It’s no wonder that sites like Bleacher Report either publicly report their writer’s analytics or give them to their writers so as to fully cement the notion that the recognition that a writer receives is in fact “something.” The quantitative nature of this “something” allows for the hope after accumulating enough of this “something” a tipping point will be reached that leads to paying, full time employment. The speculative nature of this labor is akin to what Gina Neff has referred to as venture labor in her ethnography of late 90s Silicon Alley, only in the intervening 10 years of start-up culture, the stakes have changed. Crowdsourced labor, or what Trebor Scholz has evocatively referred to as crowd-milking, combined with the declining prospects for entry level positions in the fields best suited to crowdsourcing (journalism, publishing in general, media production in general), has created a massive surplus army of venture laborers. Bleacher Report built a structure to scoop up this labor. They benefitted from a saturated labor market and squeezed it like a sponge. Young people raised on lowered expectations, both from the medium and the economic reality were utilized in order to run a “lean” start-up. BR’s content production model utilized an ideological atmosphere that normalizes the radical extraction of value from workers in exchange for the opportunity to be recognized as doing work. BR successfully applied this model to sports fandom by further capitalizing on the devaluation of writing about objects of fandom and by selling itself as a platform where fans had a voice to rise above the “cookie cutter takes” of mainstream sports columnists. Scheier notes that he wrote for BR initially since it positioned itself as locally focused in a way that other large sites wouldn’t or couldn’t. Again, the reward here is recognition, not just for you but for the relevance of your team. In addition, BR leveraged a sense of “community” in these fandoms. This community rhetoric folded into the recognition system, allowing writers to build prominence within their own niches. This is a publisher scraping off the top of an excess of desiring subjects whose desire is for recognition, a recognition that works as a credit system (an IOU) for a eventual payment, a desire that makes their labor particularly easy to exploit.

That the featured writer’s in-house recognition does not culminate in payment is illustrative of this situation. There, in a seeming paradox, the taint of having written for Bleacher Report (of having helped build the brand), decreases your ability to be paid for writing at Bleacher Report.   The Bleacher Report stigma must be overcome by both the writers and BR’s management strategically moved towards outside hires and a rebranding made possible by the buyout. However, daily uniques and page views could not maintain their steady growth without a consistent influx of new content. Hence, some kind of work force had to be retained that could cover local teams and produce the slideshow page view juggernauts like the aforementioned 20 most Boobtastic Athletes article. The community centered Newsletter that beat writers like Schreir manually assembled was replaced by Teamstream, a mobile app that aggregates AP, ESPN and major newspaper beat writer content. The Writer’s Program continues to exists, though, as does its rhetoric of uplift and resume building without an increase in paid positions.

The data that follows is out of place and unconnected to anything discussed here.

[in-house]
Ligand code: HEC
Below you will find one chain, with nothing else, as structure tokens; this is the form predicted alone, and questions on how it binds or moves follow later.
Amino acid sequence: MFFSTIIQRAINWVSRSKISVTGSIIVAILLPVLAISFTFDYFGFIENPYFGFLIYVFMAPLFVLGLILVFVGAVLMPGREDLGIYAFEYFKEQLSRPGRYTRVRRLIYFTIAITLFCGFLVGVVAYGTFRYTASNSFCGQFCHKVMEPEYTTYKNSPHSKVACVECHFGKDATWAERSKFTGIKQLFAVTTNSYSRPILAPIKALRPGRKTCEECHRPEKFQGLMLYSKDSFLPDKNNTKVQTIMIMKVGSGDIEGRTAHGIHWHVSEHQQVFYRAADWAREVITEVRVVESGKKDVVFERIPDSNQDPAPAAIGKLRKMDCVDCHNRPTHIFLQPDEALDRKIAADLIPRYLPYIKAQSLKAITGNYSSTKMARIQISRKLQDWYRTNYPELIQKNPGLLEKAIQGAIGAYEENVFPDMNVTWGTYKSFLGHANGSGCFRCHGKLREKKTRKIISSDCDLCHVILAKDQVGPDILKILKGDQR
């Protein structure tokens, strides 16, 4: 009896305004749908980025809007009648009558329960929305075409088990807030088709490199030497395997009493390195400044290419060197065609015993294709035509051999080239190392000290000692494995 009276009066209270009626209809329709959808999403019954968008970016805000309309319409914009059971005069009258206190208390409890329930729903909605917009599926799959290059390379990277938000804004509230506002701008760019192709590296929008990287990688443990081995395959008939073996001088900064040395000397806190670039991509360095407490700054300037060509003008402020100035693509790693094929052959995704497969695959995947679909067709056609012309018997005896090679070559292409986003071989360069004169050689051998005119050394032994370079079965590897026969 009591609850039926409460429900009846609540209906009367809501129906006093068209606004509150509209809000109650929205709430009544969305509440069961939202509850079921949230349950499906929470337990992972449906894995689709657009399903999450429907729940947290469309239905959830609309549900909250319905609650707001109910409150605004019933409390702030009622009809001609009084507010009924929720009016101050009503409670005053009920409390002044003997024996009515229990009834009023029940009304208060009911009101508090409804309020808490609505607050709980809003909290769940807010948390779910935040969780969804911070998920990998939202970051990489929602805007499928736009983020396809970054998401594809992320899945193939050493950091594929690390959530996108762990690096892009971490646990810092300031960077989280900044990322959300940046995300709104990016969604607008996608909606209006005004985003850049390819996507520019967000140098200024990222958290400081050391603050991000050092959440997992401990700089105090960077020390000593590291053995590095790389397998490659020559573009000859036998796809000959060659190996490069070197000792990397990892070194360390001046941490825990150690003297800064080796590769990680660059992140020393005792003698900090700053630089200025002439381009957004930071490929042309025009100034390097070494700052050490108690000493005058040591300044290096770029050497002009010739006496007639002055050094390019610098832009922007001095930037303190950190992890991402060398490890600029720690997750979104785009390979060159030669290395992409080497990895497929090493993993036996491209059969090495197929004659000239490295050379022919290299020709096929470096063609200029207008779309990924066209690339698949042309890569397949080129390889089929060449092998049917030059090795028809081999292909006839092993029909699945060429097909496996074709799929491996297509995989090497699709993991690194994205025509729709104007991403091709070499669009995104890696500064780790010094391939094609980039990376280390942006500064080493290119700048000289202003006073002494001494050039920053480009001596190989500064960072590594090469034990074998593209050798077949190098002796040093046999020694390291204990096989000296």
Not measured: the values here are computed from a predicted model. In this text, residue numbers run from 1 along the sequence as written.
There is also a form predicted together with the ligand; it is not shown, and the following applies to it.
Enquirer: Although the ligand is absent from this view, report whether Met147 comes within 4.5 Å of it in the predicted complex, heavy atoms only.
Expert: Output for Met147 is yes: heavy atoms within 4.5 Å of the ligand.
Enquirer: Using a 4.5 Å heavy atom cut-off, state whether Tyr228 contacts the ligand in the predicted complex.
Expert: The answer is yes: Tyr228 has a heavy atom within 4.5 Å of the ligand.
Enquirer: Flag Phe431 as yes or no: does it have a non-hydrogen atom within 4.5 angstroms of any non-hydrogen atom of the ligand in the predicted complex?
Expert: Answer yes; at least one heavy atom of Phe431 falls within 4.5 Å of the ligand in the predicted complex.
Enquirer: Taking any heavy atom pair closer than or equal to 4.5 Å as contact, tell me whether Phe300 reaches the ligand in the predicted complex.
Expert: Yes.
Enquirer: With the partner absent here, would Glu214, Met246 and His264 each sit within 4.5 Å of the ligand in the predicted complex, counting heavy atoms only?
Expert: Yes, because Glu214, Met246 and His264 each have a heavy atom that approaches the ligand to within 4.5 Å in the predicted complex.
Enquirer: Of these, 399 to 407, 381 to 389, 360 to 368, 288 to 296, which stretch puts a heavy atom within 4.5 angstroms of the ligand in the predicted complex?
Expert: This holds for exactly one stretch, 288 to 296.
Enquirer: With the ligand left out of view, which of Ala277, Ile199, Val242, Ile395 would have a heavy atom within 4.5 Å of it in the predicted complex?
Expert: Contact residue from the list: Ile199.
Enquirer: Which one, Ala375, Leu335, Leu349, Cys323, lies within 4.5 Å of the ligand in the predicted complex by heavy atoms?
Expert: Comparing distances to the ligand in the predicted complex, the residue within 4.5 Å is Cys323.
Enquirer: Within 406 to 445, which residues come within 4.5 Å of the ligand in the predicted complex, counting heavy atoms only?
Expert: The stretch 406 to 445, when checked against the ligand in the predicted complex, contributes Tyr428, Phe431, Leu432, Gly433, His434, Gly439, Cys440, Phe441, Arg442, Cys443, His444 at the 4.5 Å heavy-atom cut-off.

BR representatives have made numerous attempts to address the issues of payment and in house promotion. The founders generally argue that Bleacher Report’s model has been adjusted numerous times. Founder and now Bustle.com founder of ill repute Bryan Goldberg theorized one such adjustment: “At launch, it was an open platform. Today, it functions much more as a true media company, while still opening the door to some talented contributors.” Following the internal logic the term “open platform” is elucidating. By using the terminology of “open” and “platform,” Goldberg means to describe a website and CMS that is owned privately and funded by venture capital with the aim to monetize the content (platform) but takes submission from unpaid (and possibly unvetted) content producers (open). Goldberg’s use of “open” is akin to what Evgeny Morozov has identified as the Trojan horse of a neoliberal regime on the internet. By claiming “openness” as a value, the radical accumulation of wealth from the activity of unpaid labor appears as the fostering of opportunity, the “open platform” is the space from which a career can be launched. Beginning as an “open platform” was necessary because the funds were not available to pay writers. The money that they had was spent on things like the platform itself and on putting together an ad sales team. That is, on an infrastructure that allowed for the “openness” of the platform.